Comparative Effectiveness of Exercise Testing and Continuous Monitoring for Detecting Arrhythmias in Patients with Previous Myocardial Infarction
To detect unsuspected arrhythmias, 60 patients with previous myocardial infarction were studied by both submaximal treadmill exercise testing and 10 hours of continuous ECG monitoring (Holter technique) during normal activity. Significant arrhythmias were detected in 28 of 60 patients (47%). Eight patients (13%) had one or more premature ventricular contractions on their resting ECG and all had significant arrhythmias detected by exercise and/or Holter monitoring. Eighteen patients (30%) had frequent ectopic beats during or within 15 minutes after treadmill exercise and 22 patients (37%) had significant arrhythmias during continuous ECG monitoring. In 10 patients (17%) continuous ECG monitoring detected significant arrhythmias when exercise did not, while in six instances (10%) frequent premature ventricular beats were present with exercise but not during Holter monitoring. In four of 12 patients in whom both tests were positive, continuous ECG monitoring detected ventricular tachycardia when exercise showed only isolated ectopic ventricular beats. Fourteen patients (23%) had major arrhythmias detected by ECG monitoring; only six of the 14 were also detected by exercise testing. We conclude that both treadmill exercise and continuous ECG monitoring are useful for arrhythmia detection in post myocardial infarction patients but that continuous ECG monitoring often discloses different and more serious arrhythmias than treadmill exercise.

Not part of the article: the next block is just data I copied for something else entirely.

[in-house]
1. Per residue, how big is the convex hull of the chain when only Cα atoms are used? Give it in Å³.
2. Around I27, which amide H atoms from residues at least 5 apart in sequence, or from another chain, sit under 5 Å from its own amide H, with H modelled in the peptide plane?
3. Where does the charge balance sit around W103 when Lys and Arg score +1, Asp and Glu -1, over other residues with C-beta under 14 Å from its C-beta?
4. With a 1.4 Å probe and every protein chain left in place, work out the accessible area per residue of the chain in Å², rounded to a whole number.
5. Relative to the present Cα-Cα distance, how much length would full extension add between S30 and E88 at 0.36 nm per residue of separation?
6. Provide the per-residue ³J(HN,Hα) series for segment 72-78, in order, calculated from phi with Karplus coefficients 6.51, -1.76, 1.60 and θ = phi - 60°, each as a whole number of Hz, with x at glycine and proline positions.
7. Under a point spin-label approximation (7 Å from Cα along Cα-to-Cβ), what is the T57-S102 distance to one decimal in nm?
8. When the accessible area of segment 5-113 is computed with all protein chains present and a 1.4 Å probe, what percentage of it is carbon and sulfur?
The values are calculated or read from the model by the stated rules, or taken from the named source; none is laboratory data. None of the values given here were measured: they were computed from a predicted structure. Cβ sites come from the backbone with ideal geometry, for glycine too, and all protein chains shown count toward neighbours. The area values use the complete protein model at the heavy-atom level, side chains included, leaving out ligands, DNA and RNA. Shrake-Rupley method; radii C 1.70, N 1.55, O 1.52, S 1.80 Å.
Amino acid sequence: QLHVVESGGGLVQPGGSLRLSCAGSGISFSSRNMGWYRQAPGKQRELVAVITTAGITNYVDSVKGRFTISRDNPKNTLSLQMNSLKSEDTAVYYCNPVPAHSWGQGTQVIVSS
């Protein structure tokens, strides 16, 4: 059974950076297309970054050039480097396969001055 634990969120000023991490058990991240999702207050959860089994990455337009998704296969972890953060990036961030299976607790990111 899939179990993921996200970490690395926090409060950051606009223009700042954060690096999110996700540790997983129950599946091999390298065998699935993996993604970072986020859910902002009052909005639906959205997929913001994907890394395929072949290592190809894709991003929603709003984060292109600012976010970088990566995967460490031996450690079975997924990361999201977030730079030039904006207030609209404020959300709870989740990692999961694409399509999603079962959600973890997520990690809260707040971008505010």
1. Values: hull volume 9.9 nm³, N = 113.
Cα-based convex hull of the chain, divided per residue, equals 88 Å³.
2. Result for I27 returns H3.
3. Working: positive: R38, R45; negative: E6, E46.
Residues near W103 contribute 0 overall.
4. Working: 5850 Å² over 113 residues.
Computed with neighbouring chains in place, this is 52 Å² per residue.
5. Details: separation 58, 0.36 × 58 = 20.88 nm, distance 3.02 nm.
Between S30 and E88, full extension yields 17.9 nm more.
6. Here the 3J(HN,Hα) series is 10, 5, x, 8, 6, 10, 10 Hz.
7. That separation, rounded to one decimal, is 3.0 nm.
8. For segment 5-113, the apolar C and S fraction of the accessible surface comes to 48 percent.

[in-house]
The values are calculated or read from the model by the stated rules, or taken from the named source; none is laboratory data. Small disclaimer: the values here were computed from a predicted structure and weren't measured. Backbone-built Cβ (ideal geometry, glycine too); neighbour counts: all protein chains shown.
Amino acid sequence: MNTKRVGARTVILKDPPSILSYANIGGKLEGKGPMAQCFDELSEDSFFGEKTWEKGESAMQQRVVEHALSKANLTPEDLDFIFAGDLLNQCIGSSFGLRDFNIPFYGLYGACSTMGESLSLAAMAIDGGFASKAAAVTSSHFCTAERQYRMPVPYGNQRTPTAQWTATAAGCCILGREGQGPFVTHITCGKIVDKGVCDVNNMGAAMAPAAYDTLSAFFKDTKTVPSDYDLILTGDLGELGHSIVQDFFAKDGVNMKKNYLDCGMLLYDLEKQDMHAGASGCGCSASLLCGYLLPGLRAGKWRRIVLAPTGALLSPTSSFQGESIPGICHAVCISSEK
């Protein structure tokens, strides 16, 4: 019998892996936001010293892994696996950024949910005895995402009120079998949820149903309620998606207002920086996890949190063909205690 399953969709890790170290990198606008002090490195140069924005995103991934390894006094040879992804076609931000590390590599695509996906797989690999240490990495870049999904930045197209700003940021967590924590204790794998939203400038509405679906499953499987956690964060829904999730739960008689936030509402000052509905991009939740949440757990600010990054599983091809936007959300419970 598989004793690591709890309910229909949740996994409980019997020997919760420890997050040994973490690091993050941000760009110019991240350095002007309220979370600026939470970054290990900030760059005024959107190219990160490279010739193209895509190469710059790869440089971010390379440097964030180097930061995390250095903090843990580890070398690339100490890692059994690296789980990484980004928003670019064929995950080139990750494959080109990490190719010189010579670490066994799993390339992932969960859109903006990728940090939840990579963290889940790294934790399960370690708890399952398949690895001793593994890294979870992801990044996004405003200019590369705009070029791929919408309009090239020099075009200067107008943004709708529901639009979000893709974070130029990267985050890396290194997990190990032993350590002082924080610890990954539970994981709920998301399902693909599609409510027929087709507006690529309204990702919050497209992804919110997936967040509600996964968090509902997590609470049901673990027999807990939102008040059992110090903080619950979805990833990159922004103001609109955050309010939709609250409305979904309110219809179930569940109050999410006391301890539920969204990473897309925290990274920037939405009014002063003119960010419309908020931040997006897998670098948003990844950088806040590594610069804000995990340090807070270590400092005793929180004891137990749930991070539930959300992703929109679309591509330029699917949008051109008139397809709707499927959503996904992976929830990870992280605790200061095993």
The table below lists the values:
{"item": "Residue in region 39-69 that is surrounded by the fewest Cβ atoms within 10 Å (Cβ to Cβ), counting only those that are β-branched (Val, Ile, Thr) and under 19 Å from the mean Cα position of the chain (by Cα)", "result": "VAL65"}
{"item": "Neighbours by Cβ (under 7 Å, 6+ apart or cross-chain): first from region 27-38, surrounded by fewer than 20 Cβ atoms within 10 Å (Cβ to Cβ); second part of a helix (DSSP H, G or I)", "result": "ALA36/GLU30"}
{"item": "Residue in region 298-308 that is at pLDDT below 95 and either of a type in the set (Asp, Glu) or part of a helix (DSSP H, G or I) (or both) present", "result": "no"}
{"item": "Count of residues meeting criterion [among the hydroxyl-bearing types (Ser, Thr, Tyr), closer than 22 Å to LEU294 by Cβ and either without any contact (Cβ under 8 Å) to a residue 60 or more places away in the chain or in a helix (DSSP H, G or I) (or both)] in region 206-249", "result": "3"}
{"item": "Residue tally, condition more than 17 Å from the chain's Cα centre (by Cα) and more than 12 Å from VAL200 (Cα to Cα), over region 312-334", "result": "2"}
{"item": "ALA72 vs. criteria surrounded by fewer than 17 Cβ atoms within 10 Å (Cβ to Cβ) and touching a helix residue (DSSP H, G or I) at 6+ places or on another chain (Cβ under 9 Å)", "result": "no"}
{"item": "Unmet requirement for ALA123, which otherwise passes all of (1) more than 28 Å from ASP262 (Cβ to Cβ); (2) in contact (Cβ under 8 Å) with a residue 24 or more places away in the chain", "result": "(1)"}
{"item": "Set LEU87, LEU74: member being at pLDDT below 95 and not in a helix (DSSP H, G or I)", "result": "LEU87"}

- Continuous ECG monitoring
- Submaximal treadmill exercise
- Ventricular premature beats
- Ventricular tachycardia
- Received December 5, 1973.
- Accepted April 19, 1974.
- © 1974 American Heart Association, Inc.